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Dance and Poetry On the Stage and the Gallery Floor

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This coming weekend, Segerstrom Center for the Arts in Costa Mesa will present the world premiere of the dance performance Isadora, telling the story of the famous American dance revolutionary Isadora Duncan (1877-1927), who, 100 years ago, rejected the formality of traditional ballet. No more corsets and pointe shoes – she danced barefoot, wearing flowing tunics.


Isadora at Segerstrom Center for the Arts. (L & R) Natalia Osipova as Isadora.
Photos by Doug Gifford. Image courtesy Segerstrom.

She became an international celebrity, and not only because of her dancing, but because of her glamour and beauty… and very colorful and dramatic personal life. When she moved to Russia in 1921, she met and fell in love with the most famous Russian poet at the time, Sergei Yesenin, who was 18 years her junior.


Isadora at Segerstrom Center for the Arts. Natalia Osipova as Isadora and
Vladimir Dorokhin as Yesenin. Photo by Doug Gifford. Image courtesy Segerstrom.

They married, and traveled to Europe and the US. However, marriage lasted only a year. Several years later, both of them were dead. Yesenin took his own life in St. Petersburg, and a couple years later, in France, Isadora’s long silk scarf got caught in the wheels of the car she was in, and broke her neck. I would expect that all that and more will be the subject of this stage performance, starring Natalia Osipova, the principal dancer of London’s Royal Ballet.


Installation shot, Wendell Dayton. Blum & Poe Los Angeles.
Photo by Edward Goldman.

Now, my friends – if you, like me, love dance and art, be sure to visit Blum & Poe gallery in Culver City. I hadn’t heard of Wendell Dayton, the Los Angeles-based sculptor, until seeing this solo exhibition spanning six decades of his career.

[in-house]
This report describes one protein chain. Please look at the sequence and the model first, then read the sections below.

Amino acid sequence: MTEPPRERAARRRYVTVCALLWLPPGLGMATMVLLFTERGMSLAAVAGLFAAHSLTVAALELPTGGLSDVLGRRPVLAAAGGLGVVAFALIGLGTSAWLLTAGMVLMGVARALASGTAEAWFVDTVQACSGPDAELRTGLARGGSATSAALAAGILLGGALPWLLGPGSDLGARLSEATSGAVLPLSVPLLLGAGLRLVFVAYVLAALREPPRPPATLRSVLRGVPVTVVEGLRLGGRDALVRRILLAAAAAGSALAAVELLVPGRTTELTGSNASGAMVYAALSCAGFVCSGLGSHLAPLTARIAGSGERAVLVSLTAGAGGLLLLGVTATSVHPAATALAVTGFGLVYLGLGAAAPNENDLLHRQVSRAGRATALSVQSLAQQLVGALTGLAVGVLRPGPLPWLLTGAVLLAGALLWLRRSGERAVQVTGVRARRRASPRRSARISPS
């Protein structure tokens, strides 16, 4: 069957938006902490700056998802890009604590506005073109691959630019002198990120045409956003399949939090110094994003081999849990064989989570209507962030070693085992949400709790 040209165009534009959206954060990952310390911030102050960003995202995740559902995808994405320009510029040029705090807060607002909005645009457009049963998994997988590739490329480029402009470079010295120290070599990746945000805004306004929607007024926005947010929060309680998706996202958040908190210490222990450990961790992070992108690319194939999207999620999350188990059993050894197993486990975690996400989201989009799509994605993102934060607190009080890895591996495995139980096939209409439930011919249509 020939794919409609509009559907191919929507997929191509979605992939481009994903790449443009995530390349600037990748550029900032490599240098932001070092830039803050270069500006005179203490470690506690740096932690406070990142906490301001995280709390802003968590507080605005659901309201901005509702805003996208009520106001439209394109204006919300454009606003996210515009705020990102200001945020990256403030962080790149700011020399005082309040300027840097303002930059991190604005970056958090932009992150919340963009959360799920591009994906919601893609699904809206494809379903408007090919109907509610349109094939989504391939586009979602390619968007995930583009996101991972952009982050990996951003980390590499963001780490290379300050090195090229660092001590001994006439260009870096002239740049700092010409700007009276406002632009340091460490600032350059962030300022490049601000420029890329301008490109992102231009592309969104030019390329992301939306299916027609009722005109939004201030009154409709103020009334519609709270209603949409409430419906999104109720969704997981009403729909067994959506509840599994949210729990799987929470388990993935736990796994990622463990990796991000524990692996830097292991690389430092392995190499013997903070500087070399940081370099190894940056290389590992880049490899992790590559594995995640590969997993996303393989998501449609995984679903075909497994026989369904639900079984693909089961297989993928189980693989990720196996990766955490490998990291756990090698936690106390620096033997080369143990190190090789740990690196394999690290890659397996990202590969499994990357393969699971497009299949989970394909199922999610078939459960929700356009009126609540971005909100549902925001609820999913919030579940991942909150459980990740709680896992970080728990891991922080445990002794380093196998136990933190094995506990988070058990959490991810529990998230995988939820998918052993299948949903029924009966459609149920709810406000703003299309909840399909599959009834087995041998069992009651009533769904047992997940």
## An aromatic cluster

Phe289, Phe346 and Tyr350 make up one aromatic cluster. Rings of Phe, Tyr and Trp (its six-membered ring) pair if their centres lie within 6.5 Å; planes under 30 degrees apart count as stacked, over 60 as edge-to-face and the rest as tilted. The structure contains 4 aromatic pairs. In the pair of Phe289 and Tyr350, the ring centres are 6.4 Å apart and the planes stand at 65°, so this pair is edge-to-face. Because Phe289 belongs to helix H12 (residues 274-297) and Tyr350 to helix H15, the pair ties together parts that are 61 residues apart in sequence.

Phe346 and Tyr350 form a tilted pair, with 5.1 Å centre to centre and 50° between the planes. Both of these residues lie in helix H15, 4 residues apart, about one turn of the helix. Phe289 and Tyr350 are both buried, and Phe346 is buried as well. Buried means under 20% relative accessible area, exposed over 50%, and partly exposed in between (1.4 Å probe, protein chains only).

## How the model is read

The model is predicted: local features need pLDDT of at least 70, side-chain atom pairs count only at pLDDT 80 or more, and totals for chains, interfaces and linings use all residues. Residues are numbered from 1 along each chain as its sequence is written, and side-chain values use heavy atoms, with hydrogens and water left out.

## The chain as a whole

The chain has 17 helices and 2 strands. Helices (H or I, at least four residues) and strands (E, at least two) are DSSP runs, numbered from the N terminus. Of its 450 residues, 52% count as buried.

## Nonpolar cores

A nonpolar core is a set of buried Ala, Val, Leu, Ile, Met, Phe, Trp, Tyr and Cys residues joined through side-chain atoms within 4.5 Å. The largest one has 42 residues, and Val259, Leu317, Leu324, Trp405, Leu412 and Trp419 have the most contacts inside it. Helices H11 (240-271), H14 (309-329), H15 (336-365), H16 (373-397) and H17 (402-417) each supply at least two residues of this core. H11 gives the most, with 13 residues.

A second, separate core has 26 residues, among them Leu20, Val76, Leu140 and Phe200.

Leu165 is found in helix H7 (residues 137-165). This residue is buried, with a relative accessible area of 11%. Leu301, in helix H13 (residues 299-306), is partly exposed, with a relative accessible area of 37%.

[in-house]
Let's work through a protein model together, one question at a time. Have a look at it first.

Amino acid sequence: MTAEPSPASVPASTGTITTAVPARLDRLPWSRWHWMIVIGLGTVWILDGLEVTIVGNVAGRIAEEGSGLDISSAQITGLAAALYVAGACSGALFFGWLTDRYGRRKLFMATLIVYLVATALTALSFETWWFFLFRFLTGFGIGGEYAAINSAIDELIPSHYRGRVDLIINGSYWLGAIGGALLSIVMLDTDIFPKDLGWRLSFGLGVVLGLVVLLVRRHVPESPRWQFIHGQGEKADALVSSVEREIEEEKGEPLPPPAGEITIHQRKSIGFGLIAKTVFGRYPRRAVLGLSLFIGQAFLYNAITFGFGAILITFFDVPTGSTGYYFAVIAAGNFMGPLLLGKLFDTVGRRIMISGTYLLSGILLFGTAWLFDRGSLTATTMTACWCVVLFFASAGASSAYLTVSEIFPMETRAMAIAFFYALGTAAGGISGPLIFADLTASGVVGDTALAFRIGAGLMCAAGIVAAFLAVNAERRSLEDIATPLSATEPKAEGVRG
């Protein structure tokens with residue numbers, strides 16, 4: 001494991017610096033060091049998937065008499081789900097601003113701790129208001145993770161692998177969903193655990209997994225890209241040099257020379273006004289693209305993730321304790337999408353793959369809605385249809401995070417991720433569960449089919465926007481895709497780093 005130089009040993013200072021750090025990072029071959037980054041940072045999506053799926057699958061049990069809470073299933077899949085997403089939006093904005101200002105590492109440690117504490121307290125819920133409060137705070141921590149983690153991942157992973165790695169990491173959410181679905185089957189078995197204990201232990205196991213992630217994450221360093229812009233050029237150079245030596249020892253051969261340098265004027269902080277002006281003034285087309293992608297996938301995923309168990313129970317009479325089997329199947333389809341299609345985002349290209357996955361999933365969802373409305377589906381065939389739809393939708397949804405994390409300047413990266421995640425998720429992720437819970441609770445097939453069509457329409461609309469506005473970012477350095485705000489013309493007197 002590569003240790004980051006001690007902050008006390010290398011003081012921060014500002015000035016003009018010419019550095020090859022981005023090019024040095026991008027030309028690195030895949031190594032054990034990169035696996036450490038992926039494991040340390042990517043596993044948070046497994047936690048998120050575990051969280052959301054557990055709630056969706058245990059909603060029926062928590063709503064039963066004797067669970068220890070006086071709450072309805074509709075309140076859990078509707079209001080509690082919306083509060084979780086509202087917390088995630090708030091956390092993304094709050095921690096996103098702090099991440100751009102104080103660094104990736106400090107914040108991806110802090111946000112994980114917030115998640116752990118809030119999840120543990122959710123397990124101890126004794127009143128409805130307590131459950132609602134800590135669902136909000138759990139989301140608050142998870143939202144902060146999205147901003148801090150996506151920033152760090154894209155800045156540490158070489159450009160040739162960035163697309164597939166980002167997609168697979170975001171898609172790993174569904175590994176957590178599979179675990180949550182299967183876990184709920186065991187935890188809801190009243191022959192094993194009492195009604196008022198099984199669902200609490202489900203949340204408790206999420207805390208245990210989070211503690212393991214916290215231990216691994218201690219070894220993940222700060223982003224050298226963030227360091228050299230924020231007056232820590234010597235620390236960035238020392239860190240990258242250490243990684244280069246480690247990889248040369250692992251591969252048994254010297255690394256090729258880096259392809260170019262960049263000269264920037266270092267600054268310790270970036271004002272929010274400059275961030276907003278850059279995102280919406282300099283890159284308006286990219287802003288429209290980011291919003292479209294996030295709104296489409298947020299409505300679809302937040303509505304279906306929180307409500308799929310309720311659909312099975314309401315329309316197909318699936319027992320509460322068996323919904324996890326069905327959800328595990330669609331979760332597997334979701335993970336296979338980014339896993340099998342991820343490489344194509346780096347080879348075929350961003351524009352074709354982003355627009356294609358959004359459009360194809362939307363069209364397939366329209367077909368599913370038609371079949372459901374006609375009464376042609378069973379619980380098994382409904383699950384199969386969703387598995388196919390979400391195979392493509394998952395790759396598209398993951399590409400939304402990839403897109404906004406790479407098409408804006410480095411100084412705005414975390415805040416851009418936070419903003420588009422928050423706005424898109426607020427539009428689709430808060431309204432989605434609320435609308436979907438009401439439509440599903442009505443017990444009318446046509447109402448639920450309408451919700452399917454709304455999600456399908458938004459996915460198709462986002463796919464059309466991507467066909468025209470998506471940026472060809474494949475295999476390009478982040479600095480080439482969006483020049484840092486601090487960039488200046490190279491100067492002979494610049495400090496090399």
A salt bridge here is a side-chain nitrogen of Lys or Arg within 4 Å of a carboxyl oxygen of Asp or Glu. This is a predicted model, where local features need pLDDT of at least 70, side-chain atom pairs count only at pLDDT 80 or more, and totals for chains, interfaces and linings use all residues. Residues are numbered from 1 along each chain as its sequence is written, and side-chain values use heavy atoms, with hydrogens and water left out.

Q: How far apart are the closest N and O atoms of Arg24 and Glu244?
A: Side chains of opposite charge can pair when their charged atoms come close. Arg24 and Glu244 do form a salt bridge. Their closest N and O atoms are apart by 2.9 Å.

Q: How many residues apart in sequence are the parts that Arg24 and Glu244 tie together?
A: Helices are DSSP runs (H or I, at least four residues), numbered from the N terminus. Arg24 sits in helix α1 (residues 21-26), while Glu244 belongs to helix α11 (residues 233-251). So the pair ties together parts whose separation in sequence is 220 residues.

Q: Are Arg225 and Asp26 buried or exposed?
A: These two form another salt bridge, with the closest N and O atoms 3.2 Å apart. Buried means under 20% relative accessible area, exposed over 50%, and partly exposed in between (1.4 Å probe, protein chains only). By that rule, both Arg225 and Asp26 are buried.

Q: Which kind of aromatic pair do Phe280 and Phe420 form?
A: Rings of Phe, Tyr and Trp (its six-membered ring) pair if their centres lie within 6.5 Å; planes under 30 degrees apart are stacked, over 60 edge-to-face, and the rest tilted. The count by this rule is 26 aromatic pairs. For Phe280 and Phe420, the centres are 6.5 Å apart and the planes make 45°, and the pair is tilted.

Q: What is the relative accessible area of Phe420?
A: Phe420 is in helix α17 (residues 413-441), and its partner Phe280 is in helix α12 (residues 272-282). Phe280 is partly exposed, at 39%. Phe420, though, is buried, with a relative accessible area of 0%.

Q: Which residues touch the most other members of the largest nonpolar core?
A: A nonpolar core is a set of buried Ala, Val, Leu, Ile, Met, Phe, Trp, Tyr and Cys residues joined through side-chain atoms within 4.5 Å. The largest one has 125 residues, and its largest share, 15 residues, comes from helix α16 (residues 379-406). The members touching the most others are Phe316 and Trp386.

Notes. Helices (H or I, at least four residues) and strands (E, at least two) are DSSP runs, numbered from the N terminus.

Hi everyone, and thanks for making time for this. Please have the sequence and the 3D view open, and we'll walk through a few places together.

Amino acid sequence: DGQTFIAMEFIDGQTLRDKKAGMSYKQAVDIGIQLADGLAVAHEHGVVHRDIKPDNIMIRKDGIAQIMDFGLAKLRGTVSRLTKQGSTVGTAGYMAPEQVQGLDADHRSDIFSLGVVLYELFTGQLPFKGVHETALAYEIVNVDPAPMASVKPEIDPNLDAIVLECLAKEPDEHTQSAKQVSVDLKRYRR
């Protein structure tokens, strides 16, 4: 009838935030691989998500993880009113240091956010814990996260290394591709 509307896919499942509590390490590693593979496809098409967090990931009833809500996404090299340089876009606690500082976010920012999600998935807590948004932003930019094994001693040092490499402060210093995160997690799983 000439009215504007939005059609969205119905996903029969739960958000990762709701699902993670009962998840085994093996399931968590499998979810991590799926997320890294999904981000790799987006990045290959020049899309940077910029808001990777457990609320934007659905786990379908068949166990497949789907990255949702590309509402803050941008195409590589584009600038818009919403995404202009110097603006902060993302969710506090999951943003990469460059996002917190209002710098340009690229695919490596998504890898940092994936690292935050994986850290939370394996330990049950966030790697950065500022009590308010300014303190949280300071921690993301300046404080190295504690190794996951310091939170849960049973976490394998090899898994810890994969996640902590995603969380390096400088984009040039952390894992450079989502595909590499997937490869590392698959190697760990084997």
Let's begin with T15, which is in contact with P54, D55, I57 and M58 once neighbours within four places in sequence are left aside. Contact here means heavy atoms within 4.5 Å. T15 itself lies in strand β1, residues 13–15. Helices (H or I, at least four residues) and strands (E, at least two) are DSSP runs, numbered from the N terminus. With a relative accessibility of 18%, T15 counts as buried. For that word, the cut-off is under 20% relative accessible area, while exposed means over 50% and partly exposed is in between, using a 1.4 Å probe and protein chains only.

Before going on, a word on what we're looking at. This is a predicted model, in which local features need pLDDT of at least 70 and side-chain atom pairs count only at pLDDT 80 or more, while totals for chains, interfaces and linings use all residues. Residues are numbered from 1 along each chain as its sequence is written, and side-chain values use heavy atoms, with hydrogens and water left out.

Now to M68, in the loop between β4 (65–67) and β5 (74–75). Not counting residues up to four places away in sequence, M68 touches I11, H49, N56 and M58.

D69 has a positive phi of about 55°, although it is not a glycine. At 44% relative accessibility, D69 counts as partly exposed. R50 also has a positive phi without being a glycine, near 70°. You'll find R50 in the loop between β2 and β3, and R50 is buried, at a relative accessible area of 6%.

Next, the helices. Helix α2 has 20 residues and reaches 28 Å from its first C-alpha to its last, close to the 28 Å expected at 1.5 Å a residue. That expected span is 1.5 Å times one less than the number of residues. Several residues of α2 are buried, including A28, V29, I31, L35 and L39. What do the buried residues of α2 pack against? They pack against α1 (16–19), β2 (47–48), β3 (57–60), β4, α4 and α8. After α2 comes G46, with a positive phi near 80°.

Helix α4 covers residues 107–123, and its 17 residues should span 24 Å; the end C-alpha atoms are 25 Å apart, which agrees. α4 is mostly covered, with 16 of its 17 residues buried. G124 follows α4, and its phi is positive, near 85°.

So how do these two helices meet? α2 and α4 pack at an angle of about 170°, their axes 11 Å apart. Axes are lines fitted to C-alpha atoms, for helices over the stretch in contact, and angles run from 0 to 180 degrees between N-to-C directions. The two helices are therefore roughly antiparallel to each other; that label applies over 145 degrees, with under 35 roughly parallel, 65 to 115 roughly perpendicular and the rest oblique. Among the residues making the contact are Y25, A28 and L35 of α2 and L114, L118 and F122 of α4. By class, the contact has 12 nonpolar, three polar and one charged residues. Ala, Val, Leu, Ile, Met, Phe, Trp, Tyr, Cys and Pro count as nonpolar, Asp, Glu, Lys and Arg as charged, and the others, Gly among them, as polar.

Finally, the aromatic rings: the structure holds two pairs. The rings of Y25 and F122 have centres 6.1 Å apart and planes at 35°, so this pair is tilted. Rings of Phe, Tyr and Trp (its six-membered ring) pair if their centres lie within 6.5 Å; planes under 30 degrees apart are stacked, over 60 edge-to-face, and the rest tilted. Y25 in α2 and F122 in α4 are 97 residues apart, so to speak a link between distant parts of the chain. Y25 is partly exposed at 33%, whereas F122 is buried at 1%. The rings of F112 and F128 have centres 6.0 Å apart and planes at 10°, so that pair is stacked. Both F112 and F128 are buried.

(L) Installation shot of Wendell Dayton. Wendell Dayton in 1978. (R) Installation
shot of 
Wendell Dayton. Blum & Poe Los Angeles. Photos by Edward Goldman.

Until now, he has had neither museum or gallery solo exhibitions, which comes as a surprise considering the originality and dramatic movement and gesture expressed in his small and large-scale stainless-steel sculptures. In Dayton’s art, one can see and hear the echo of David Smith, Alexander Calder, and John Chamberlain. But, what is most impressive is that Dayton found his voice and style early on. Yet, despite a 60-year-long career, his works avoid repetitiveness and continue to come across as edgy and eye- catching.


Wendell Dayton with his work at Blum & Poe Los Angeles.
Photo by Edward Goldman.

I had the good luck to meet the artist and talk to him about masculinity and femininity in his work. I told him that looking at his sculptures, with their aggressive and lyrical gestures, made me think about dancing. “Oh yes,” he responded, “I do love dance performances.” Then, learning about my Russian background, he said, “I’ve seen and enjoyed performances by Rudolph Nureyev and Mikhail Baryshnikov.” Yes – American steel sculptures influenced by Russian dancing… how about that?


Installation shot, Wendell Dayton. Blum & Poe Los Angeles.
Photo by Edward Goldman.

So, here we have it: Isadora dancing on the stage for three days this weekend only, and Wendell Dayton’s stainless-steel sculptures dancing at Blum & Poe until August 18.

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